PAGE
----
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John Stephan Band – Know Your Driver

Self Release 2010

12 tracks, 45.10 minutes.

John Stephan hails originally from Alaska where he started playing guitar at a very young age and formed a band (The 3 Js) that still gigs from time to time in the NW USA. However, here he is fronting a four piece band which features John on guitar and all vocals, long-time bass player Tom Roesch, drummer Trev Cutler and Jeff Conlin on organ. Piano is added to most tracks by either Steve Flynn or the memorably nicknamed Eric “Two Scoops” Moore! The CD was recorded in Seattle and is a well-produced record of the band’s repertoire.

The CD is mainly original material written by John. The three covers are a traditional tune, one Willie Dixon number and one by the late Isaac Scott, a Vancouver bluesman with whom John used to play backing up Albert Collins when Albert was touring in the NW.
John’s voice is well suited to the generally laid back nature of much of the material here, not unlike Eric Clapton’s at times. His guitar playing is to the point, none of the tracks being very long, so solos are kept to the minimum (the longest track is 4.30) and the rhythm section and keyboards support him well.

The original material is reasonably varied. I was a little surprised that “Working On A Building” was selected as the opener as it is one of the more pedestrian tunes, both lyrically and in terms of rhythm. The title track “Know Your Driver” is good, driven by rolling piano, the lyric recommending that you check on your companions in life: “If you’re out there catching a ride, you should know who’s at our side. You best get acquainted before you trust someone with everything you got, you better check your load before you climb on board, know your driver, know your driver.” “I’m Your Weatherman” is a slower paced number about how, in a mature relationship, the partners can see each other’s moods changing, just like the weather.

“Root Hog Or Die” is listed as a traditional song, not one I have heard before. It starts with brooding slide guitar before the uptempo rhythm appears and drives the tune along, recounting a tale of hard times and how one is forced into doing things one does not want to do in order to survive – the meaning of the title. The next track “Hard For The Devil” was the pick for me, a slide driven rocker with well-crafted lyrics: “He’s out on the street, walking like a man, looking for a sucker wherever he can, so make it hard for the devil, you make it hard for the devil when you spread that love around.”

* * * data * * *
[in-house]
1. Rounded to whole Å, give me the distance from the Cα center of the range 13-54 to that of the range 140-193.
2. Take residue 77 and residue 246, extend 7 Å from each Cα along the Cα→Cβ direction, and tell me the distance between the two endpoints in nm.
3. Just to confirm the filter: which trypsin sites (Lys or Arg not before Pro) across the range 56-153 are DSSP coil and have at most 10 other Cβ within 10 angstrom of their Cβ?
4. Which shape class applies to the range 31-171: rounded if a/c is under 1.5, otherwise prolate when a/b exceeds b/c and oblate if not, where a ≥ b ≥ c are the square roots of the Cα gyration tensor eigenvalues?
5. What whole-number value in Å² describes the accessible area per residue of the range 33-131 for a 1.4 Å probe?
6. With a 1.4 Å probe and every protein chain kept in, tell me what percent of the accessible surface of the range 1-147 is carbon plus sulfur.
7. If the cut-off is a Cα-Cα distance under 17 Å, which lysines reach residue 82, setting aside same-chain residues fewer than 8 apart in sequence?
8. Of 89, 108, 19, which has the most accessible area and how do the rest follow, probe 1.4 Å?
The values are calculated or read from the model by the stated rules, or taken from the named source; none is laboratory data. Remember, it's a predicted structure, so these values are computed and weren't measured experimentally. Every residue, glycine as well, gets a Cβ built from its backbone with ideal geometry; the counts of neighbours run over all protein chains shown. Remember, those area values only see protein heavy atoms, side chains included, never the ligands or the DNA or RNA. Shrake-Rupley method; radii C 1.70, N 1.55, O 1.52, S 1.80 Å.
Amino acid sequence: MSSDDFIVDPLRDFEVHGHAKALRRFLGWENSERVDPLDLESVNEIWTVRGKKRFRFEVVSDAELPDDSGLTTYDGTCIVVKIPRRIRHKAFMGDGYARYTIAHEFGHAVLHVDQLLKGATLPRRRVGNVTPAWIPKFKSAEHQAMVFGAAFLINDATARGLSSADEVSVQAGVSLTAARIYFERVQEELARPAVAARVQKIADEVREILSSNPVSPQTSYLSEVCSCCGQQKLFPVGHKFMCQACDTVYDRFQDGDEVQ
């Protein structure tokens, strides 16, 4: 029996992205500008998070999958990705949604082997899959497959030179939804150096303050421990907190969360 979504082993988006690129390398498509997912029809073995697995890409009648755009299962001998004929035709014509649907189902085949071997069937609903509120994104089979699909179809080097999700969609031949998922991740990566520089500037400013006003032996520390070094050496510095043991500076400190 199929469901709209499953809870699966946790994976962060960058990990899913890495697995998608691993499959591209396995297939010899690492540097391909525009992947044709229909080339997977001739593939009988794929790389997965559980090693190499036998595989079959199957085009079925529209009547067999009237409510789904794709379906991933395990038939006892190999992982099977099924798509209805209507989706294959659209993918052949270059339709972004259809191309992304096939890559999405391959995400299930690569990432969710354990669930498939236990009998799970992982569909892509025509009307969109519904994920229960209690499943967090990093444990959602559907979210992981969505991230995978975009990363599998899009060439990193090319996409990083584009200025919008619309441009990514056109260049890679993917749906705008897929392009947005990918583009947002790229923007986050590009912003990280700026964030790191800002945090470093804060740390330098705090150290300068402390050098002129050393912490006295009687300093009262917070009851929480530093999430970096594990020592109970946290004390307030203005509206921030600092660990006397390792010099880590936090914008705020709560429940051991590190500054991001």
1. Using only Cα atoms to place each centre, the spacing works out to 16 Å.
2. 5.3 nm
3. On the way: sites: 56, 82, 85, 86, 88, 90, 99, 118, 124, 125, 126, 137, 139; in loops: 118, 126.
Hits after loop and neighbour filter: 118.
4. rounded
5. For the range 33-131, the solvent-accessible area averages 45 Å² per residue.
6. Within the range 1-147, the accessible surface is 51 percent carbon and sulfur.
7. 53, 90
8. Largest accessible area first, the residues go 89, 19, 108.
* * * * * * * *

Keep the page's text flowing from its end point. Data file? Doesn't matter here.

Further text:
“Let My Mind Run Back” is a gospel infused tune written by Isaac Scott which might have benefited from some backing vocals, but still works well, with a graceful guitar solo in the middle set against very nice churchy organ. It is followed by “A Day At A Time” which is in similar vein. The church-like spell is definitely broken by “Down In The Bottom”, the Willie Dixon tune best remembered for Howlin’ Wolf’s version. The JSB uses slide but takes the tune at a slower pace than is often the case. The piano is a strong element here, along with John’s keening slide, the whole getting the toes tapping.

Having got us up and dancing again, the band carries on with a further slide driven tune “Trouble Machine”, a tale of unreliable vehicles. I liked the start of the lyric, with its reference to Robert Johnson’s classic: “We’re always breaking down, if you know what I mean. There’s just something about us, we’re a trouble machine.” A fun song, with the Elmore James riff present and correct.

“Treatment Blues” is a slow paced solo acoustic tune about taking a case of the blues to the Doctor’s. The lyrics are clever, but the arrangement is rather sparse for my taste. It does provide another dimension to the CD, however, and shows another facet of John’s playing. The full band returns for “Hard Worker Down” which portrays the tough economic times in which we are all living. The final track “Last Call” is subtitled “A Tribute To Albert Collins & Isaac Scott” and is a slow paced instrumental which at times recalls “Soul Serenade” and is mainly a feature for some soulful and reflective guitar playing.

Overall I found this a good CD which grew on me as I listened to it. It gives a good feel for the variety of the JSB and I hope that it introduces them to a wider audience.

Reviewer John Mitchell is a blues enthusiast based in the UK. He recently attended the Blues Blast Awards in Chicago and had a great time! Back in the USA for the January 2011 Blues Cruise!

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